Since the dawn of civilization, social elites have manipulated the masses through oracles, omens and prophecies. The threat of divinely enforced calamity, foretold via earthquakes and eclipses, or the promise of divinely guaranteed victory in battle, leaked by a priestess inside the Temple of Apollo at Delphi, were powerful motivators in ancient days.
In modern times, folks aren’t as easily fooled, though remnants of that old black magic persist: astrology is still popular; the fickle Dow Jones Industrial Average is considered an accurate measure of the market, its random fluctuations reported by the hour; and the Book of Revelation informs the foreign policy of many right-wing Republicans.
But the most common form of fortunetelling employed by our political overlords and landlords these days is the self-fulfilling prophesy. Here’s how it works. First, allow your property, or the public asset for which you’re responsible (park, pier, school), to fall into disrepair and disuse. Second, point out that the sorry condition of said property is such that your only choice is to sell it to someone with enough money to fix it up. Third, seal the deal and evict the homeless, the poor, the disabled, and any small-business owners from the premises. Lastly, laugh all the way to the bank.
Let’s examine some recent examples of this chicanery.
My favorite is the Maine State Pier. Almost 10 years ago, city officials declared that the publicly owned pier was in such rough structural shape that Portlanders could never afford to fix it. Ipso facto, we need to allow private developers to lease the pier for, say, a century, and they’ll replace the rotting pilings for us in exchange for the favor of allowing them to build luxury office space, a hotel, restaurants and other amenities for tourists there.
Of course, the pier wouldn’t have been in bad shape to begin with had those same city officials done their jobs and maintained the waterfront infrastructure for which they are responsible. Luckily, both development proposals for the pier imploded last decade and it’s still standing strong. But now Mayor Ethan Strimling — whose campaign was aided by one of the politically connected developers who tried to take over the pier years ago — is using similar language to seed the field for future private development of this precious public asset. He recently described the warehouse and office space on the pier as “desperately underutilized,” despite indications city officials themselves have squandered multiple opportunities to bring more marine-related businesses there.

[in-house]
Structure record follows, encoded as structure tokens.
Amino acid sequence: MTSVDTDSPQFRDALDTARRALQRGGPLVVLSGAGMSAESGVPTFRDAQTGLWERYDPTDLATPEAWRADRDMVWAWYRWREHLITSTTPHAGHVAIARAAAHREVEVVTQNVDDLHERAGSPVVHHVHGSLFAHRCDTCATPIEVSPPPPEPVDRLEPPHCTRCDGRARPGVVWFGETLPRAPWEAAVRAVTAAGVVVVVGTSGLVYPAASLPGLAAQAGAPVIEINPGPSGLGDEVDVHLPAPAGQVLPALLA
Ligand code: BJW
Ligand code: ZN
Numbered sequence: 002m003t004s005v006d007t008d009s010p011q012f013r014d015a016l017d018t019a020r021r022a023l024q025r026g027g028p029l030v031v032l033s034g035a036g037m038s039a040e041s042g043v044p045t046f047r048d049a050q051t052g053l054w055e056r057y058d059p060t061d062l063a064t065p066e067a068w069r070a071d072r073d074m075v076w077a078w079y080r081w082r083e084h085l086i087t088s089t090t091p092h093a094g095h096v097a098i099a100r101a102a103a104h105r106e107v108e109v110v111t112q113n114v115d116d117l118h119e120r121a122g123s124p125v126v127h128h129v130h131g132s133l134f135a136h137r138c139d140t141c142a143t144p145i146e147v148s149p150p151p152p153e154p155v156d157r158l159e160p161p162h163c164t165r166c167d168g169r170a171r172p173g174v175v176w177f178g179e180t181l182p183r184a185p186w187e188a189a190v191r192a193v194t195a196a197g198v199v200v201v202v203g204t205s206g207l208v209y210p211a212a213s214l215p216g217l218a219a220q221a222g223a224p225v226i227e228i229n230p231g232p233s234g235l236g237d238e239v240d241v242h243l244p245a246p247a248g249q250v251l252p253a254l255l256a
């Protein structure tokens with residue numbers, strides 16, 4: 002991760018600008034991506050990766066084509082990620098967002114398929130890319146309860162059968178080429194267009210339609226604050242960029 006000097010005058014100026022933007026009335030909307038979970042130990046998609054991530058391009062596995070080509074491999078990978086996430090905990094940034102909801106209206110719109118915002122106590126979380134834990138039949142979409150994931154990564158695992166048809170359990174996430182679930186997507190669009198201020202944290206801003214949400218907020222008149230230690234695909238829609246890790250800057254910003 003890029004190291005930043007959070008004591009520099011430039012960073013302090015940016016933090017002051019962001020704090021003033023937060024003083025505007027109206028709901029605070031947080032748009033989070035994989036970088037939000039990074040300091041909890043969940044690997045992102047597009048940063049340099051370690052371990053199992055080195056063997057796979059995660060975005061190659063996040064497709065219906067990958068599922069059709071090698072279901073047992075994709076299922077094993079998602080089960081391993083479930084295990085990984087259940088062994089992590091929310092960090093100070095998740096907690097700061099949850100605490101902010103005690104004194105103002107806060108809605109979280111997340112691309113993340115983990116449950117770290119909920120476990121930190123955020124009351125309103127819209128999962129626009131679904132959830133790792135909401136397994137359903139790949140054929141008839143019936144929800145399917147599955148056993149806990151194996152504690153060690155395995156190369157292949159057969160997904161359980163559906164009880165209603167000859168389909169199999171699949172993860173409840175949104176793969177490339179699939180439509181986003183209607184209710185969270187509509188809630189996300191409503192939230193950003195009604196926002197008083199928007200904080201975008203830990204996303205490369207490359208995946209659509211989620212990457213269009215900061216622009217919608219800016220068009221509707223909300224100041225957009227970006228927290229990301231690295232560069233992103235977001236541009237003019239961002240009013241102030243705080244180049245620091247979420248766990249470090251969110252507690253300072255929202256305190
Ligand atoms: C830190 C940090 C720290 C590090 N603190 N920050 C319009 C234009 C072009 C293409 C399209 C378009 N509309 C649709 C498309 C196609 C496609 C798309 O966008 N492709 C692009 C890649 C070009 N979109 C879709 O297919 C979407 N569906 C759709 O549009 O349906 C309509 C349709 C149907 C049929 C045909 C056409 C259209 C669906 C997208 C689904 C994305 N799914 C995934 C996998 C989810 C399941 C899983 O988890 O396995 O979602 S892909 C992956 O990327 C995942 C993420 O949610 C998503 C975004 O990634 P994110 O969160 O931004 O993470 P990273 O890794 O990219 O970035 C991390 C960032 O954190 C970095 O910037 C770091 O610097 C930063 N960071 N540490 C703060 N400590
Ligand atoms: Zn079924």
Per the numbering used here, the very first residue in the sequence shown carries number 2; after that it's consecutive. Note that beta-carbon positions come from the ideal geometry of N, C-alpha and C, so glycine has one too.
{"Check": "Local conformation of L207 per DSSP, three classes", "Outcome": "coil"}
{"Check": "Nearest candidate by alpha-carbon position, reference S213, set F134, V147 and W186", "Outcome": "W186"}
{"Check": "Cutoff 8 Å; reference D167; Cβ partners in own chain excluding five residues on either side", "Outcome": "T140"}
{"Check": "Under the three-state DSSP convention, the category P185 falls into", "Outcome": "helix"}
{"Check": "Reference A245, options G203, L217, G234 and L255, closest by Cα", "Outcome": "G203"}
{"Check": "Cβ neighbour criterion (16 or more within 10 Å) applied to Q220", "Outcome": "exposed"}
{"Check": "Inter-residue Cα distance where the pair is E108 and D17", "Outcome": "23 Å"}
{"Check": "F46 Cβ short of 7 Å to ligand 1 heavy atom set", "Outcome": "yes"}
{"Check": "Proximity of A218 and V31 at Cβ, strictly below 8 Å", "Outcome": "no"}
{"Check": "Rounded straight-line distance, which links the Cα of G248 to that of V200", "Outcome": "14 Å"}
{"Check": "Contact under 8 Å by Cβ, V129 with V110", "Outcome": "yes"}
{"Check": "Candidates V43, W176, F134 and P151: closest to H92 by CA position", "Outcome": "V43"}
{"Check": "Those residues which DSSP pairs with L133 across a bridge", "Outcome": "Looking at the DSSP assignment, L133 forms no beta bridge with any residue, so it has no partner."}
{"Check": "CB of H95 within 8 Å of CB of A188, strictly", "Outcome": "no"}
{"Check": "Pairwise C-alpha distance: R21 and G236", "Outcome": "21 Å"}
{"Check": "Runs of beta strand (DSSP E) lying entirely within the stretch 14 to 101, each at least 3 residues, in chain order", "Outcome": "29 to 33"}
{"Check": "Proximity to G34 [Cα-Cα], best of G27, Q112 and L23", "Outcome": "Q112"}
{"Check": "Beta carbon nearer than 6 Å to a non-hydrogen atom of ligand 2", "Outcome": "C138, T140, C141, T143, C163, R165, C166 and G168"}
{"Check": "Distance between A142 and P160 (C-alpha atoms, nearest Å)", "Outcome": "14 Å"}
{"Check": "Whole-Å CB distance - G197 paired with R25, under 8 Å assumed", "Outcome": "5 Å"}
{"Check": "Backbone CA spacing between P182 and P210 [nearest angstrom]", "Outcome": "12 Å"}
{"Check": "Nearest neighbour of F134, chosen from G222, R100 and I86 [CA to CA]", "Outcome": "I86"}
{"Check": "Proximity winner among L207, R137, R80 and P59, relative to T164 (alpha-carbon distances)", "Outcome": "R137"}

Congress Square Park followed the same pattern: city officials failed to maintain it and then used the park’s poor condition to justify their effort to sell much of it to the owners of an adjacent hotel. This time it was citizens who rose up to block the deal, and who subsequently maintained and improved the park for public use. These days, the space is more popular than ever.
Privately owned properties provide the latest examples of self-fulfilling prophecy in action. Last month, attorneys for CVS and property owners on Forest Avenue argued that the buildings they want to demolish to make way for a new pharmacy don’t merit protection as historic landmarks “primarily because they [are] in poor shape,” the Press Herald reported. Experts hired by the developer testified to the presence of “lead paint, asbestos and other contaminants.”
It’s too bad the same property owners never hired anyone to remove those poisons from their buildings, including the space rented by a nonprofit that serves developmentally disabled adults. That battle is ongoing.
And just last week, the owner of two dozen apartments on Grant Street, in Portland’s Parkside neighborhood, used the same excuse to justify evicting dozens of tenants, all of them poor and many mentally ill. Landlord John Le, who bought the properties last spring via a limited liability company tied to a New Jersey-based investment firm, cited “drug activity and the poor condition of the buildings” as reasons he was “forced … to evict the residents so he could renovate,” the Press Herald reported.
Granted, if the Grant Street properties weren’t in such cummy condition, a mass eviction wouldn’t have been necessary. And, it turns out, it still isn’t necessary — following a public outcry, Le agreed to give some tenants more time to find other housing and not use the courts this month to put people on the street.
I didn’t see that one coming.